People's Daily Online -- In the early 1970s, very few Ethiopians chose to emigrate to other states, however, in three decades, Ethiopia has become a nation of emigrants, losing thousands of well-educated scientists, doctors, and other professional elite every year.
The Ethiopian story is not individual. It is only one example reflecting the growing alarm over Africa's increasing exodus of human capital. It is an episode which shows Africa is losing the very people it needs most for economic, social, scientific, and technological progress.
Actually, the issue of Africa's brain drain has both internal and external causes, and needs the efforts of the whole international community. For the future of Africa, the governments of developed countries should not evade their responsibilities for the issue, while African countries should do their best to encourage overseas professionals to return.
HUGE LOSSES FOR AFRICA
As a result of the human capital flight, or brain drain, Africa has incurred tremendous losses.
According to a study by the Geneva-based International Organization for Migration (IOM), Africa has been losing 20,000 professionals each year since 1990. Another study by the World Bank says that some 70,000 highly qualified African scholars and experts leave their home countries every year in order to work abroad, often in more developed countries.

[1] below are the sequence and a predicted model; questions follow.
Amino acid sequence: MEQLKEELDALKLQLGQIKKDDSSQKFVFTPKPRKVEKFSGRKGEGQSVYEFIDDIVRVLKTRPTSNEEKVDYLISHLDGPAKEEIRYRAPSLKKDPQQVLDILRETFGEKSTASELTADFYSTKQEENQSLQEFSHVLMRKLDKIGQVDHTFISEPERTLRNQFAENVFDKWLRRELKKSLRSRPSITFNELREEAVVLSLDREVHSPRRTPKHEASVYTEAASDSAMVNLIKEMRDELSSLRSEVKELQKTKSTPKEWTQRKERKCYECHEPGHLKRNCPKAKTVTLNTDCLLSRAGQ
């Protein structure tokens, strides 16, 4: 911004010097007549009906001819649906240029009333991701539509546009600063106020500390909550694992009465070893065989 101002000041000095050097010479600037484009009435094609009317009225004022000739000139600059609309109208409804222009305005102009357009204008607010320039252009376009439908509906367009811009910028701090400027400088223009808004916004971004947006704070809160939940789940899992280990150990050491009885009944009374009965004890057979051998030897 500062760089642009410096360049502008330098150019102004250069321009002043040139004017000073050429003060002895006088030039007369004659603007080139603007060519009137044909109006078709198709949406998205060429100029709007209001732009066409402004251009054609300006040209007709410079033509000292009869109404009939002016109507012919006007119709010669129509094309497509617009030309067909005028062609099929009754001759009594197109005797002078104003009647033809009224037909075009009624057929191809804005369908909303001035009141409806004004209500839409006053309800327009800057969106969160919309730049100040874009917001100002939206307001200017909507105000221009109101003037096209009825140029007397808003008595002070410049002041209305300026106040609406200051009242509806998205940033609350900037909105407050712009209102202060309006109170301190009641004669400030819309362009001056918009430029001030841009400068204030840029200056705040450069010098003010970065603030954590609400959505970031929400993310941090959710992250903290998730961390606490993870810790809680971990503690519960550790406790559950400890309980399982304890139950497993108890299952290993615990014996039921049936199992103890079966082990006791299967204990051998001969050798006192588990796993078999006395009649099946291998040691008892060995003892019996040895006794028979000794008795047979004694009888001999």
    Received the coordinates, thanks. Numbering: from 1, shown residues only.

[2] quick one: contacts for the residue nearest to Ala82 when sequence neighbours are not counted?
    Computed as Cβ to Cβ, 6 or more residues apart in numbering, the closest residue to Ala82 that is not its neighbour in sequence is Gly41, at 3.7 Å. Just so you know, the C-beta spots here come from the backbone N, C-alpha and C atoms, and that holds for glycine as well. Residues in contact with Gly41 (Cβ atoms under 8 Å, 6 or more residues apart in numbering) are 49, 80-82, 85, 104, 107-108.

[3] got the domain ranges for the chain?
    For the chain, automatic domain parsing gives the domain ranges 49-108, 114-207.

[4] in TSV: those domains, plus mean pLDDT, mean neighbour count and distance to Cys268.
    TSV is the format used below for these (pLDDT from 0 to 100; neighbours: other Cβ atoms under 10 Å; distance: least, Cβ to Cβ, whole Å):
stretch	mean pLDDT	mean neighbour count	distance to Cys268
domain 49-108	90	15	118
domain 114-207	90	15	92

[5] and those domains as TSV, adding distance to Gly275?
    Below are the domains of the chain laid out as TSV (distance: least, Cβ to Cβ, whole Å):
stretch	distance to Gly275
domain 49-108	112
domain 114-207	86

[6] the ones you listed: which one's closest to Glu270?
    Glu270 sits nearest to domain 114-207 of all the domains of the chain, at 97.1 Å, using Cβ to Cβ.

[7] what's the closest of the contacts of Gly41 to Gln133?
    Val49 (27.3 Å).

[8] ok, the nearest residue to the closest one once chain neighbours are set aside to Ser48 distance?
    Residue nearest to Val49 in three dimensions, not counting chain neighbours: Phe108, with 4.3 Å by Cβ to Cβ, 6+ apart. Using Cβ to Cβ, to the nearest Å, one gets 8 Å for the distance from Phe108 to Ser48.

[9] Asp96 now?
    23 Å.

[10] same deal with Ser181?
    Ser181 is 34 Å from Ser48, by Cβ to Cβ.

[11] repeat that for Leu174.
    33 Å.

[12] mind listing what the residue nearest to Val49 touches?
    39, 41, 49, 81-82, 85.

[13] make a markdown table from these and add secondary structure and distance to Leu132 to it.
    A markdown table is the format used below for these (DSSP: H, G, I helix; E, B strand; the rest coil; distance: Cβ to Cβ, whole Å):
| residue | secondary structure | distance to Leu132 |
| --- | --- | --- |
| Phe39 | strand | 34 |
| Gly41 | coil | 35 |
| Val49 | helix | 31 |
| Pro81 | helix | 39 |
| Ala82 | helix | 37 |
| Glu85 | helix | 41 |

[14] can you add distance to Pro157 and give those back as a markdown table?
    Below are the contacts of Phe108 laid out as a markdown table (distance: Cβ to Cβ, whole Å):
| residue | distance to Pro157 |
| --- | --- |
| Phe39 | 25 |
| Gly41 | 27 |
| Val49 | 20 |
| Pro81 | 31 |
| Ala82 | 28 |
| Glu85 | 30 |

"Today if you visit universities in this country you will not find any lecturers who have been there for more than seven or eight years," said Professor Haile Tilahun of the Addis Ababa University. Haile is a researcher on international migration of highly qualified personnel.
According to the IOM, there are currently just 200,000 scientists and engineers in Africa, servicing a population of about 860 million. Africa would need at least 1 million scientists and engineers to sustain the continent's development prospects. While, at least one-third of science and technology professionals from African countries are currently working in Europe, the United States, Canada and Australia.
In light of a dwindling professional sector, African institutions are increasingly dependent on foreign expertise. To fill the human resource gap created by brain drain, Africa employs up to 100,000 expatriate professionals at a cost of 4 billion US dollars a year.
"In the 21st century, science and technology is a country's capital and the key to its economic growth. Nations without a skilled and technologically savvy workforce are doomed," he said.
Haile said emigration of African professionals to the West is one of the greatest obstacles to Africa's development.
"Africa is dying a slow death from brain drain," he alarmed.
CAUSE OF BRAIN DRAIN
"There are a number of pull and push factors that facilitate the flow of best brains out of Africa," said Professor Tadesse Mengesha of the semi-official Ethiopian International Institute for Peace and Development.
Some of the pushing factors include poor working conditions, limited career opportunities, limited educational opportunities and low pay and economic instability, said Tadesse.
He added that the pooling factors include higher pay, better working conditions, career opportunities, so on and so forth.
However, the primary cause of brain drain is unreasonably low wages paid to African professionals. Africans living in the West obtain much higher salaries than they get at home.